Construction of an engineered yeast with glucose-inducible emission of green fluorescence from the cell surface
- Cite this article as:
- Ye, K., Shibasaki, S., Ueda, M. et al. Appl Microbiol Biotechnol (2000) 54: 90. doi:10.1007/s002539900307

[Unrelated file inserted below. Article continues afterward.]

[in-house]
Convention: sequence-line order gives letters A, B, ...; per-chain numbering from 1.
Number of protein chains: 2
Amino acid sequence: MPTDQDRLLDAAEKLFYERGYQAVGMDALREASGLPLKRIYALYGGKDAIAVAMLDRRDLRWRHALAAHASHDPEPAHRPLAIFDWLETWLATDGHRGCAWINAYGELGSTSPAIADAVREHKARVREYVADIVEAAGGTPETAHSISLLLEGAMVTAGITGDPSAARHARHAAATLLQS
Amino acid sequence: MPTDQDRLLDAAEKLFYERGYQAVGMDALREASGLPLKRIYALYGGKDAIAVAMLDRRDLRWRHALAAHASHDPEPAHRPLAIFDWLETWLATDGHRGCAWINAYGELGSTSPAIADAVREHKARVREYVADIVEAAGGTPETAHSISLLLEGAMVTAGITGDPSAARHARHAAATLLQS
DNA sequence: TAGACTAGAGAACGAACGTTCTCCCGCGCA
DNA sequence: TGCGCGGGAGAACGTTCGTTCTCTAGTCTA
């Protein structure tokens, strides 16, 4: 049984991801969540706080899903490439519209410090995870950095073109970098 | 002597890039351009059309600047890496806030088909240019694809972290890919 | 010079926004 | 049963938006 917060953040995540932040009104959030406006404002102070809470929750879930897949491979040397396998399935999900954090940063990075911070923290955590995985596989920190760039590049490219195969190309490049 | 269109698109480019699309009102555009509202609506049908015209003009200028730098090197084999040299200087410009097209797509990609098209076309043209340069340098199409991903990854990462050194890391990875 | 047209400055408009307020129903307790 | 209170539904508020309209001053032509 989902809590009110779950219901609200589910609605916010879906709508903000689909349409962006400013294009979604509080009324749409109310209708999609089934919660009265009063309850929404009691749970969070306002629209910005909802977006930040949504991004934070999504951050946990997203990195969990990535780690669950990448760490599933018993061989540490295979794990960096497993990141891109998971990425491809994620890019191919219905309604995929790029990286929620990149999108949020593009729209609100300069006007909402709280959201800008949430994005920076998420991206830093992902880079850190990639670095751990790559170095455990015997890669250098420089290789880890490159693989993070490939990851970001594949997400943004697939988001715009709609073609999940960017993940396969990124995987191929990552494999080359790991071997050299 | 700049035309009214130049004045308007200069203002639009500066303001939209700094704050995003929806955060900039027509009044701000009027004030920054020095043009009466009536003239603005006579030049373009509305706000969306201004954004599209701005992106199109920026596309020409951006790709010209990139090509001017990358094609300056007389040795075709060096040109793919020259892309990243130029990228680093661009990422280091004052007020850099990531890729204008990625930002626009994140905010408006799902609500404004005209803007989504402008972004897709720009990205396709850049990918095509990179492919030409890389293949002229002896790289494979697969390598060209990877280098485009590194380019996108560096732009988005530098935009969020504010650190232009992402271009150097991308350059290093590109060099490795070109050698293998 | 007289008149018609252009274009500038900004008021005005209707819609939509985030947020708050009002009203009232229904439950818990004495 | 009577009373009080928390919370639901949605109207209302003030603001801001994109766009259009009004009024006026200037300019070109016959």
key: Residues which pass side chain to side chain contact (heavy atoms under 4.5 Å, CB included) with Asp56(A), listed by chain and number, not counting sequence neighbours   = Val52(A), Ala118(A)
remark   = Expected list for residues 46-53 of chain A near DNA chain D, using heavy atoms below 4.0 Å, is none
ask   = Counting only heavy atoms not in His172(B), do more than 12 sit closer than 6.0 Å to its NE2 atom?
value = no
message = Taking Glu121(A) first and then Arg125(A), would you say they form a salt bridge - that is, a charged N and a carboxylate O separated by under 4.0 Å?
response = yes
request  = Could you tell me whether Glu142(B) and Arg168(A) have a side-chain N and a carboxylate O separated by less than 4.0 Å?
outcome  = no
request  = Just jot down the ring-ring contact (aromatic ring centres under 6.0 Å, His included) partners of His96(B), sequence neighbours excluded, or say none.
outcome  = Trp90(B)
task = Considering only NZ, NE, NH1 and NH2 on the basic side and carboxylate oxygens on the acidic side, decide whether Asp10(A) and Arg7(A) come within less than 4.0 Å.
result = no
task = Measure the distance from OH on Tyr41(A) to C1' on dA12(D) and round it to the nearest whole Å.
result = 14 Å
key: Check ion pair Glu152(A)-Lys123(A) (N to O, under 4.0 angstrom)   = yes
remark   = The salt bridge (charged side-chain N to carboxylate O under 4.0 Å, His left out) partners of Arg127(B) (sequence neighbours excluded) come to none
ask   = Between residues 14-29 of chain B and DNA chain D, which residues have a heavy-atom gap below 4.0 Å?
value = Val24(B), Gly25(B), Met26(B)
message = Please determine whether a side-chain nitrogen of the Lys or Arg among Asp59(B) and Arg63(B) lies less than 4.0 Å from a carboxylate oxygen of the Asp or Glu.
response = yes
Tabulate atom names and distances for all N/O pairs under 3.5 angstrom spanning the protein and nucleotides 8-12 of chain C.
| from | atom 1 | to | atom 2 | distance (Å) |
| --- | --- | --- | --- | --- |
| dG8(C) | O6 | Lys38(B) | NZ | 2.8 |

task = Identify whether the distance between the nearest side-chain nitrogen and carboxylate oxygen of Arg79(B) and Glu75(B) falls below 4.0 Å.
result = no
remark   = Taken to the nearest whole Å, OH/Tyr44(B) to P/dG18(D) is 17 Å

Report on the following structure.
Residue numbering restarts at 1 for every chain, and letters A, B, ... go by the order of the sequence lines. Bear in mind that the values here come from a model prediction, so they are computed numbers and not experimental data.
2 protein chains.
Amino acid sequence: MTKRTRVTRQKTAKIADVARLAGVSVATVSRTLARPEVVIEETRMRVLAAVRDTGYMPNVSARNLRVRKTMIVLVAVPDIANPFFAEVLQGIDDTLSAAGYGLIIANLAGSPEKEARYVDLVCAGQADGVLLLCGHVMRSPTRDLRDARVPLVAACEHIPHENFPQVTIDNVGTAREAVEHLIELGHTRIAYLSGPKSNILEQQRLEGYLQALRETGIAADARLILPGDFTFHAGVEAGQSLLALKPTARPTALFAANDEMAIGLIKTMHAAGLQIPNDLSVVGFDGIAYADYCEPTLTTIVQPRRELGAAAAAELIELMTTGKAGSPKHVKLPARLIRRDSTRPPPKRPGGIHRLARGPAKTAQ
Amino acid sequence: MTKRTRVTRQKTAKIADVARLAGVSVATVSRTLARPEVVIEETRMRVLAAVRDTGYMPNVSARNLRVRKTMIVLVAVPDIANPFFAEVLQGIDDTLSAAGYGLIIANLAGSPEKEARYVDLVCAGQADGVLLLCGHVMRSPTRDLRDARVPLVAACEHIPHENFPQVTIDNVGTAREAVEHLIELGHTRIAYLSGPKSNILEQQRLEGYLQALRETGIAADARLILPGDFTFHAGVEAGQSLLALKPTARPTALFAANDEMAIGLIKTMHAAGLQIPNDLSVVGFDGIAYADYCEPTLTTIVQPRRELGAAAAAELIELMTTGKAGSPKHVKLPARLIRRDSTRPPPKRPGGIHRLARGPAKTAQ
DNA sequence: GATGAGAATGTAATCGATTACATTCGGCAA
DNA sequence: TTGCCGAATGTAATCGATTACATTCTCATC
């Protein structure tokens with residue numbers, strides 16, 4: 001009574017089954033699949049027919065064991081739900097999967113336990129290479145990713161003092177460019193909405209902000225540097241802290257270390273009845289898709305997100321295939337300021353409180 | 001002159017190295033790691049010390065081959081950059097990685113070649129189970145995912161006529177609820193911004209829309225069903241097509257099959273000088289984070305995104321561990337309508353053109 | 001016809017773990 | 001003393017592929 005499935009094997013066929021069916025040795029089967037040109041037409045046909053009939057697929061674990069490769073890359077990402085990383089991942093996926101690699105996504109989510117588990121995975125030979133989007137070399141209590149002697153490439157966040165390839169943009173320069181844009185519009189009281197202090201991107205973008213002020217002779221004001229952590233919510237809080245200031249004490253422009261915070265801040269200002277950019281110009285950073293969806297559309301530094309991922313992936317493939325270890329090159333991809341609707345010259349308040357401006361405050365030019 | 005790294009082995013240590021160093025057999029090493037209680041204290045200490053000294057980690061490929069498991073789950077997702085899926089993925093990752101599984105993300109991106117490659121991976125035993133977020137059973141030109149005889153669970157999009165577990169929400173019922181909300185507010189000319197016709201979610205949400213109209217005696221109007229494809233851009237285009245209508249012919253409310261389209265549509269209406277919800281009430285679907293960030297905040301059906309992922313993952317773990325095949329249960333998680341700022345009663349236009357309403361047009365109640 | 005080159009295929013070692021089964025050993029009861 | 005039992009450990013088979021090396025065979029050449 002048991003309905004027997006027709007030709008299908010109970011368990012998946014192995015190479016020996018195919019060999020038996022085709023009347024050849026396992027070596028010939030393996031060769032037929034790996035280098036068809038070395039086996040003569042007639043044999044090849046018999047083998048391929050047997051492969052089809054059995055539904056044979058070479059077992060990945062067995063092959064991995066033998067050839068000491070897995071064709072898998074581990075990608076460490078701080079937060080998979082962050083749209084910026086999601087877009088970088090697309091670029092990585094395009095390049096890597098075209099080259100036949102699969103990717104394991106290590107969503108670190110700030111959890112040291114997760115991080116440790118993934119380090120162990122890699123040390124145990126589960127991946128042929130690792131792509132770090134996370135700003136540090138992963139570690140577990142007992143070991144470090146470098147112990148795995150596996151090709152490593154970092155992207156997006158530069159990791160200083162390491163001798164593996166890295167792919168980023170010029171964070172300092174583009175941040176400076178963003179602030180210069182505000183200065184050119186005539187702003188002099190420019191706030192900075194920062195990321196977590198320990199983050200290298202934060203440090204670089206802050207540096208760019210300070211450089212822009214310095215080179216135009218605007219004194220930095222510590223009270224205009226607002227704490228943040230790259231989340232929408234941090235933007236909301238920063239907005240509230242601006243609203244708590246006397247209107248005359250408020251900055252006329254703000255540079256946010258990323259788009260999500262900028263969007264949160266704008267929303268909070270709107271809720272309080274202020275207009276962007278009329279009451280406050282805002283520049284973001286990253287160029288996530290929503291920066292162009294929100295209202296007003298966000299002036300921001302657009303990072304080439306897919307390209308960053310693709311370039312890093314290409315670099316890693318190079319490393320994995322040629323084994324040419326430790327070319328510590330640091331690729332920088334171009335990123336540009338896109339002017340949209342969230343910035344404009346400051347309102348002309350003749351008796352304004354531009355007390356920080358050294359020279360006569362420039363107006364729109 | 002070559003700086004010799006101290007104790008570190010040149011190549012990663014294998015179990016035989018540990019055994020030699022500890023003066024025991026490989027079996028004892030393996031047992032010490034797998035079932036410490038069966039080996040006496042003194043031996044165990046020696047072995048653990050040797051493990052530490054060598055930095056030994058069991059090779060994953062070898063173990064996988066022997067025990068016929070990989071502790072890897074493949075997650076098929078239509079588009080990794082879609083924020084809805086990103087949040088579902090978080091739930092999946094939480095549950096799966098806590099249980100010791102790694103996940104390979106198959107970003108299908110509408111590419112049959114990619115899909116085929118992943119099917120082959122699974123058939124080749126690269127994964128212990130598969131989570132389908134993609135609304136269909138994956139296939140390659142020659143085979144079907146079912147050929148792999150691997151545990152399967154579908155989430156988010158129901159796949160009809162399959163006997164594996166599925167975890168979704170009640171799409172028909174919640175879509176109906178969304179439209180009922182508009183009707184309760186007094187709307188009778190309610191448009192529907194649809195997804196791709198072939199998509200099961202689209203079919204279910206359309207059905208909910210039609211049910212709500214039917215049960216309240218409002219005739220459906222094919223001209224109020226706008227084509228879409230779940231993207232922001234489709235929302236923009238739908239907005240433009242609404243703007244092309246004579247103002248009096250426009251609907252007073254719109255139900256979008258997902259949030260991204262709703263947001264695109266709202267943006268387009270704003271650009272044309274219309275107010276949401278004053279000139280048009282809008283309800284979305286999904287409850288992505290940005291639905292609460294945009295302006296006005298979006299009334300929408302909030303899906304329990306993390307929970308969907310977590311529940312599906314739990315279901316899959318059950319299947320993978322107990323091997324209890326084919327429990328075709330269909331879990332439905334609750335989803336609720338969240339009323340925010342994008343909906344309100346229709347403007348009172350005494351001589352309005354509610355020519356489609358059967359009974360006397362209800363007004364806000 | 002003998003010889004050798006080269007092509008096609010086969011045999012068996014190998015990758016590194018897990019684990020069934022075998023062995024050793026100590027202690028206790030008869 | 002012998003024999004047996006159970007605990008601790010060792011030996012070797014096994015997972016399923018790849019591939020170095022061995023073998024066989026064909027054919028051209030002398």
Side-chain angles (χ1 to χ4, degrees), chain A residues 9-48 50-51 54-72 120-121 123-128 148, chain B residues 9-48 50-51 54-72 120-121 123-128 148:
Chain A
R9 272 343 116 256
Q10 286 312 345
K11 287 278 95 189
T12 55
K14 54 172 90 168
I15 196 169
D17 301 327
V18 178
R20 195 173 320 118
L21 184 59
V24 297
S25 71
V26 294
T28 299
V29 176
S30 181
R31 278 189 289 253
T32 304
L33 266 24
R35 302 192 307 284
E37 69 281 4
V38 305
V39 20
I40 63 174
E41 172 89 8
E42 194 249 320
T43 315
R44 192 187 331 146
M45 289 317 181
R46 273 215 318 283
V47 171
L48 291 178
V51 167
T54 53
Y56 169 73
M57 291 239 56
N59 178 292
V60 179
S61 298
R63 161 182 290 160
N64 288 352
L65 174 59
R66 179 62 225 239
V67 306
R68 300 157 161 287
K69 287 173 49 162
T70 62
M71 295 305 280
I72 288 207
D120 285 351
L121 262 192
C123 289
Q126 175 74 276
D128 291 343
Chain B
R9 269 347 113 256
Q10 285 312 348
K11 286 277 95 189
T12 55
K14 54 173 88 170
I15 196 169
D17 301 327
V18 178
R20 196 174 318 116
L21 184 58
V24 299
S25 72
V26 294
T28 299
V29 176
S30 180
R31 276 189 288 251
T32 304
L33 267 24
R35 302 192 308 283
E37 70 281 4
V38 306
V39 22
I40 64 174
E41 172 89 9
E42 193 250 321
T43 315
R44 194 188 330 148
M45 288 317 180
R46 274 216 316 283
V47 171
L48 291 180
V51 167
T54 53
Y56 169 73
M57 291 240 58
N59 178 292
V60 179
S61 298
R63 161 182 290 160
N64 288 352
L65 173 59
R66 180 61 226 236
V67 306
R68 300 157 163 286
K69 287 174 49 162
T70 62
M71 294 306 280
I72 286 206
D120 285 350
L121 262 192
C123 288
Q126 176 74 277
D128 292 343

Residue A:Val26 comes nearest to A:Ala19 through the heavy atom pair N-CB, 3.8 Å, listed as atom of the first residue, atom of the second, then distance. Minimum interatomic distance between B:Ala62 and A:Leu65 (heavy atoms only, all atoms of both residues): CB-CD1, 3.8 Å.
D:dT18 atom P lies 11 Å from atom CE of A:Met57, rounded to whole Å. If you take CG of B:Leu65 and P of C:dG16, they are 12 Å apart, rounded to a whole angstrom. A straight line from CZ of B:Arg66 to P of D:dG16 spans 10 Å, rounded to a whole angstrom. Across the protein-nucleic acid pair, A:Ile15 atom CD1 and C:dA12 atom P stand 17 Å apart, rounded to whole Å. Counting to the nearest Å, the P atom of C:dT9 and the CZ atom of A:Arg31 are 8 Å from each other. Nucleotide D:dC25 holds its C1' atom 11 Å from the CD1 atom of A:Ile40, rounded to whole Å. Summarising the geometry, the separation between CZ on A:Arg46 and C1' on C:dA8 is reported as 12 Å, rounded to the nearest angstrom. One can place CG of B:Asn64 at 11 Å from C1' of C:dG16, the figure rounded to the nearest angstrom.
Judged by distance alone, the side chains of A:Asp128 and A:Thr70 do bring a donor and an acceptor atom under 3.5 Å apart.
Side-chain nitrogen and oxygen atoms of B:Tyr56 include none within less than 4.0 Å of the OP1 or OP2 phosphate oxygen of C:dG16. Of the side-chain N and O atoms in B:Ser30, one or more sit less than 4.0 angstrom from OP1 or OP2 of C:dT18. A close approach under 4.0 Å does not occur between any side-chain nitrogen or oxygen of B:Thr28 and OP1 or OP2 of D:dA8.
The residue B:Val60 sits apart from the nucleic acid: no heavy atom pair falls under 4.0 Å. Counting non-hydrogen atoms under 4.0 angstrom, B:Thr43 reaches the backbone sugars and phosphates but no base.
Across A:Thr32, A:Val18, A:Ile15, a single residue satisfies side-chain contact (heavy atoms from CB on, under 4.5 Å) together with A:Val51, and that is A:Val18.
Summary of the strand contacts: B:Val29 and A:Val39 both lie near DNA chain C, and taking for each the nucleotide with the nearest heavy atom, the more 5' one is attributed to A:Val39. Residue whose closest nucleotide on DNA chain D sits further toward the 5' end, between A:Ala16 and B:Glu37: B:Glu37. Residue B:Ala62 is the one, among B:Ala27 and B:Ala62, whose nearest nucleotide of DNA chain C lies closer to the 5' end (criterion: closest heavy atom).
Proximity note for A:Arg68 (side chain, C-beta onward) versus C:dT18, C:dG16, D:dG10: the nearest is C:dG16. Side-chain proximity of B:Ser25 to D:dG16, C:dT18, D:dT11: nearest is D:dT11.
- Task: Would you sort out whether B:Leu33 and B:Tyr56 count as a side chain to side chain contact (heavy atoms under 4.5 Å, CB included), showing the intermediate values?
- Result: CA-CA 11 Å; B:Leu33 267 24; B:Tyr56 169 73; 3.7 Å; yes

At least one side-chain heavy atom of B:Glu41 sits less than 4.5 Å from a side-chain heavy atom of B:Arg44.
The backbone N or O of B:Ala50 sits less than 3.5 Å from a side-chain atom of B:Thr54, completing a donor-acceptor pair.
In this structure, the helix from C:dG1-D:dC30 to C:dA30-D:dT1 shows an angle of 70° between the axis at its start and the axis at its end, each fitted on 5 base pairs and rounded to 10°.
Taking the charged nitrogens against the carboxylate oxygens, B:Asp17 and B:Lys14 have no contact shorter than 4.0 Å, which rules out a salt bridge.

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An engineered yeast with emission of fluorescence from the cell surface was constructed. Cell surface engineering was applied to display a visible reporter molecule, green fluorescent protein (GFP). A glucose-inducible promoter GAPDH as a model promoter was selected to control the expression of the reporter gene in response to environmental changes. The GFP gene was fused with the gene encoding the C-terminal half of α-agglutinin of Saccharomyces cerevisiae having a glycosylphosphatidylinositol anchor attachment signal sequence. A secretion signal sequence of the fungal glucoamylase precursor protein was connected to the N-terminal of GFP. This designed gene was integrated into the TRP1 locus of the chromosome of S. cerevisiae with homologous recombination. Fluorescence microscopy demonstrated that the transformant cells emitted green fluorescence derived from functionally expressed GFP involved in the fusion molecule. The surface display of GFP was further verified by immunofluorescence labeling with a polyclonal antibody (raised in rabbits) against GFP as the first antibody and Rhodamine Red-X-conjugated goat anti-rabbit IgG as the second antibody which cannot penetrate into the cell membrane. The display of GFP on the cell surface was confirmed using a confocal laser scanning microscope and by measuring fluorescence in each cell fraction obtained after the subcellular fractionation. As GFP was proved to be displayed as an active form on the cell surface, selection of promoters will endow yeast cells with abilities to respond to changes in environmental conditions, including nutrient concentrations in the media, through the emission of fluorescence.